I was 4th out of the pool in the slow wave.

T1: 3:02 - I chose to grab my towel and head straight to the bike where I pulled on my quarter-sleeve "sun-safe" top, helmet, sunglasses and my bike shoes. It was a little chilly but I knew I would warm up pretty quick. There are no locker rooms in my other races in the past so I figured that I needed to treat the transitions like every other race ... AS QUICKLY AS I COULD...

BIKE: 53:52 The bike was two loops of 6 miles on local roads. It was a rolling course with a few little climbs and descents. My goal was to bring the bike in under 1 hour even if I had nothing left to give on the run. A year ago, I could hardly ride more than 5 miles at a time on my bike without feeling worn down so it was important that I show myself that I had plenty of room to improve for the upcoming season.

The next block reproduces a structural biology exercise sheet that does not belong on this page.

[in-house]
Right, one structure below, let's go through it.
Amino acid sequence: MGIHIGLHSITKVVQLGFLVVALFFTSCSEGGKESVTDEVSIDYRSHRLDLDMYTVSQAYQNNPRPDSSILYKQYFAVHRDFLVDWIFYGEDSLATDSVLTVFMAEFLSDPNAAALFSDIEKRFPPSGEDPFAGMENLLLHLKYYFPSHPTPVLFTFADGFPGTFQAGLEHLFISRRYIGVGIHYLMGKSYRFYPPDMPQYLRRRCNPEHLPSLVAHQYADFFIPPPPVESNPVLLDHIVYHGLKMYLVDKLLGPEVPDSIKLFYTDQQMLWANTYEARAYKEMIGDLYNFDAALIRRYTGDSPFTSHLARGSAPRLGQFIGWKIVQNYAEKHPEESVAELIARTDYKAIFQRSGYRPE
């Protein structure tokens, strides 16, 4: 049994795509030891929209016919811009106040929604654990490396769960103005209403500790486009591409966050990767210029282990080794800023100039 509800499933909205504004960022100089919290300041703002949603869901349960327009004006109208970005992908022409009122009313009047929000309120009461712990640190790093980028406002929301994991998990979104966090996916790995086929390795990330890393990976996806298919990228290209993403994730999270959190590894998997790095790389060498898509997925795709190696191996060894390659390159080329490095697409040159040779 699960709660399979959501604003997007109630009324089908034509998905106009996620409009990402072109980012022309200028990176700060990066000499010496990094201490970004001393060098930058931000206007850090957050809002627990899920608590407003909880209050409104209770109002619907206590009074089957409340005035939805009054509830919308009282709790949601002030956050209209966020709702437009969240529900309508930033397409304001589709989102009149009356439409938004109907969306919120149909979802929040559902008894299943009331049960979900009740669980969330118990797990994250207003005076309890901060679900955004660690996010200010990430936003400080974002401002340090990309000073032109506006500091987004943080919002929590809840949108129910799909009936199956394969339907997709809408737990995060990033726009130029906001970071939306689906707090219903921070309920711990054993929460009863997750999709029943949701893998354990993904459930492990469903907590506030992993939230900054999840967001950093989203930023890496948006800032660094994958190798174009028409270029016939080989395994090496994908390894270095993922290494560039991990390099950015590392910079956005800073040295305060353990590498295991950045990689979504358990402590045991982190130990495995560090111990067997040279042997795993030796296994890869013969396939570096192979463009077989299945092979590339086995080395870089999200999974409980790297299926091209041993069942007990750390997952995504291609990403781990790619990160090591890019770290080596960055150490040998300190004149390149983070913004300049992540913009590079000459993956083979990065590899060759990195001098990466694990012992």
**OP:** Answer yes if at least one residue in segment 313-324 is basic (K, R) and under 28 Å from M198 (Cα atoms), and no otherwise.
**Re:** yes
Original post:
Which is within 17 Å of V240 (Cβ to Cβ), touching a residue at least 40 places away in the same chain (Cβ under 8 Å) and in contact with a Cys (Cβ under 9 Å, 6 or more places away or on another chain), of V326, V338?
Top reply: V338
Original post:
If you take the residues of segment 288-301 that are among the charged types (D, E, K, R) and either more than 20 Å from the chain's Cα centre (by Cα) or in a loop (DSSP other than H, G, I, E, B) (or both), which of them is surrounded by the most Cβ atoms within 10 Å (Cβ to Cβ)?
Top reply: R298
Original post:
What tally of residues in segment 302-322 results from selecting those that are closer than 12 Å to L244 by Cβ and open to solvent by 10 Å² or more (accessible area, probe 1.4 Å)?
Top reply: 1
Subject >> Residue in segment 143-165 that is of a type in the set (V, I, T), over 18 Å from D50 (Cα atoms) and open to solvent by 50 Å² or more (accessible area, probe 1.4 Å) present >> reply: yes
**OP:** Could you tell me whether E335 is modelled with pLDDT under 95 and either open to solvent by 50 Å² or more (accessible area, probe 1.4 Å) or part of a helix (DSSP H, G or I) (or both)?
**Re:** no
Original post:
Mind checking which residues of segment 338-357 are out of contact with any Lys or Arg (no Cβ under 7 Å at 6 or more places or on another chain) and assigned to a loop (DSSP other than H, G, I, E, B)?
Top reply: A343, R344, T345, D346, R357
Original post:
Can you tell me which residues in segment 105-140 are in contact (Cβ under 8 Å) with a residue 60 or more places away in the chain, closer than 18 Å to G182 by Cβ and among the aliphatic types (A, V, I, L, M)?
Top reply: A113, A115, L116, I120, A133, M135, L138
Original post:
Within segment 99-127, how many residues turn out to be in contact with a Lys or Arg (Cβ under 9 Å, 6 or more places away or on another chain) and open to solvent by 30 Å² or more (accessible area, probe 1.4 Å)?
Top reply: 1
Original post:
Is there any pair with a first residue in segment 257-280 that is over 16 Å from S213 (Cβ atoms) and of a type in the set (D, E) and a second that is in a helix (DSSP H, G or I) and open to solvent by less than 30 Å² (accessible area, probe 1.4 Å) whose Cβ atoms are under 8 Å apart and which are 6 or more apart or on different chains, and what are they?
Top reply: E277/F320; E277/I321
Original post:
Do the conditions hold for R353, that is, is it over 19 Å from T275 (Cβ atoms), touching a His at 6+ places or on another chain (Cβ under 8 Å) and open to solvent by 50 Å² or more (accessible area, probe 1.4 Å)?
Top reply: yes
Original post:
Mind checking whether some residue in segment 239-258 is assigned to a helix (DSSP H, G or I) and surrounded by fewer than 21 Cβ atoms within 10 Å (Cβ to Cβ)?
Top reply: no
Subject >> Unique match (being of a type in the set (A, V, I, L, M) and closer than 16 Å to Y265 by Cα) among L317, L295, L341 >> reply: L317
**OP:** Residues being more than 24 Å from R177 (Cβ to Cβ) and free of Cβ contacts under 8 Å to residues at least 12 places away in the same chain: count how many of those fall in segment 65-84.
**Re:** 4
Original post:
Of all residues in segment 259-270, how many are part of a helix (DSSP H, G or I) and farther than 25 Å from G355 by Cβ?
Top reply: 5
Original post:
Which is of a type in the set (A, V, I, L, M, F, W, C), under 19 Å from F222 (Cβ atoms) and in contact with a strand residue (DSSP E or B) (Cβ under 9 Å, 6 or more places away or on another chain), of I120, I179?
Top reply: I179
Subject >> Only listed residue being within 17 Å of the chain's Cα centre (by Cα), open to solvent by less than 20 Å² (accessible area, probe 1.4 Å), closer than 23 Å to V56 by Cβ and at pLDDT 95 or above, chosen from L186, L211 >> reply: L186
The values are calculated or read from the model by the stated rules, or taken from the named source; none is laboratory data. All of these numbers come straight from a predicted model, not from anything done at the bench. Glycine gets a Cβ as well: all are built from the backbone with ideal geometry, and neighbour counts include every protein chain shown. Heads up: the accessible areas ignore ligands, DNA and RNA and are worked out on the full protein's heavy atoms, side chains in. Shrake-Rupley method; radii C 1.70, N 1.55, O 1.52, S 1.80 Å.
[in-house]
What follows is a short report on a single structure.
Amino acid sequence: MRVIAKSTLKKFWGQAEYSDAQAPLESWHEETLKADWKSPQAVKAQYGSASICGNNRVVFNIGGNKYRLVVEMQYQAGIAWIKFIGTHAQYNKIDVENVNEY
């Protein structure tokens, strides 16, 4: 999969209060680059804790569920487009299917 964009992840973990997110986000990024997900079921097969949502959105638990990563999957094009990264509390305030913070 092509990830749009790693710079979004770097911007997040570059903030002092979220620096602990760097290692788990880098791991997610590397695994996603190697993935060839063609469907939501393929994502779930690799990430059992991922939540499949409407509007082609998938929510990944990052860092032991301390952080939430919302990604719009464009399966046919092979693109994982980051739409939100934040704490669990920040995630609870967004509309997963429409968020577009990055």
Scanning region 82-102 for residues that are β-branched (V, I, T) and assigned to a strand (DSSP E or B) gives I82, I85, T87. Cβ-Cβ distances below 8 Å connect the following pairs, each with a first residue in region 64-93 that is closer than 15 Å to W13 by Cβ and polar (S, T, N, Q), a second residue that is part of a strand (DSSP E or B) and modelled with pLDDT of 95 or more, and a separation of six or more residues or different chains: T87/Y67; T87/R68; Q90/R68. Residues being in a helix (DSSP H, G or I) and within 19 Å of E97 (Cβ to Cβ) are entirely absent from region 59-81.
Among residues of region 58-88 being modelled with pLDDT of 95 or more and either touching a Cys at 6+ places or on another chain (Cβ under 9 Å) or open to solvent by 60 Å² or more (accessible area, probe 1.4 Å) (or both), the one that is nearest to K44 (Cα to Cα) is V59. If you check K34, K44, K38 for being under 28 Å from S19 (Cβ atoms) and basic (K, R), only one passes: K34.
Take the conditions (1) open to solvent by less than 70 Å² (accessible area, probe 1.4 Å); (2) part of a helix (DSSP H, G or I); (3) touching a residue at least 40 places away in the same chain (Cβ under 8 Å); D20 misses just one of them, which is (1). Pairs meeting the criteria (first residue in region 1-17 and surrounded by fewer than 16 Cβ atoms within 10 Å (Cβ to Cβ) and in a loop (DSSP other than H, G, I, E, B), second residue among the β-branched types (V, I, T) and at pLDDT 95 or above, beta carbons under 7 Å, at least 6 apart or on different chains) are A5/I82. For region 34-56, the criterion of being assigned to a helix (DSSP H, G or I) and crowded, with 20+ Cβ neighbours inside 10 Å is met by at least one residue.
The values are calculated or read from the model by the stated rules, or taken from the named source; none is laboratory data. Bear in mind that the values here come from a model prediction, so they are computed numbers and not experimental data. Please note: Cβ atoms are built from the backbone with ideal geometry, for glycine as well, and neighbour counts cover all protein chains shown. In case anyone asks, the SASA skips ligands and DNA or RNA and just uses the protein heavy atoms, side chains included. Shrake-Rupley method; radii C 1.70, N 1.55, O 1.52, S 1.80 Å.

I was pretty much alone the entire ride because I was in the front runners of the "slow wave" and the bike has always been my strongest event. On the second loop a few people passed me, on their first loop, and everybody was friendly and encouraging! I was satisfied with my effort and met my pace goal.

T2:1:30 - Only by virtue of being in the first wave; I was one of early folks to start the run so I had no problems finding a place to put my bike and my transition was a quick. I remember thinking "So this is what it feels like to be in the front on the bike" and enjoying the moment, even while I knew that I would get passed by a lot of people on the run.

RUN: 43:14 - Ha!! This was not a run for me but a brisk WALK with INTERVALS of JOGGING. I knew not long after I got off the bike that I was not going to be breaking any personal records so I chose to take my time and enjoy the last leg of the race. I got into a rhythm of 2/1 JOG/Walk intervals and had fun cheering to all the fellow racers flying by on the bike on their second laps and running by on their way to the turn around.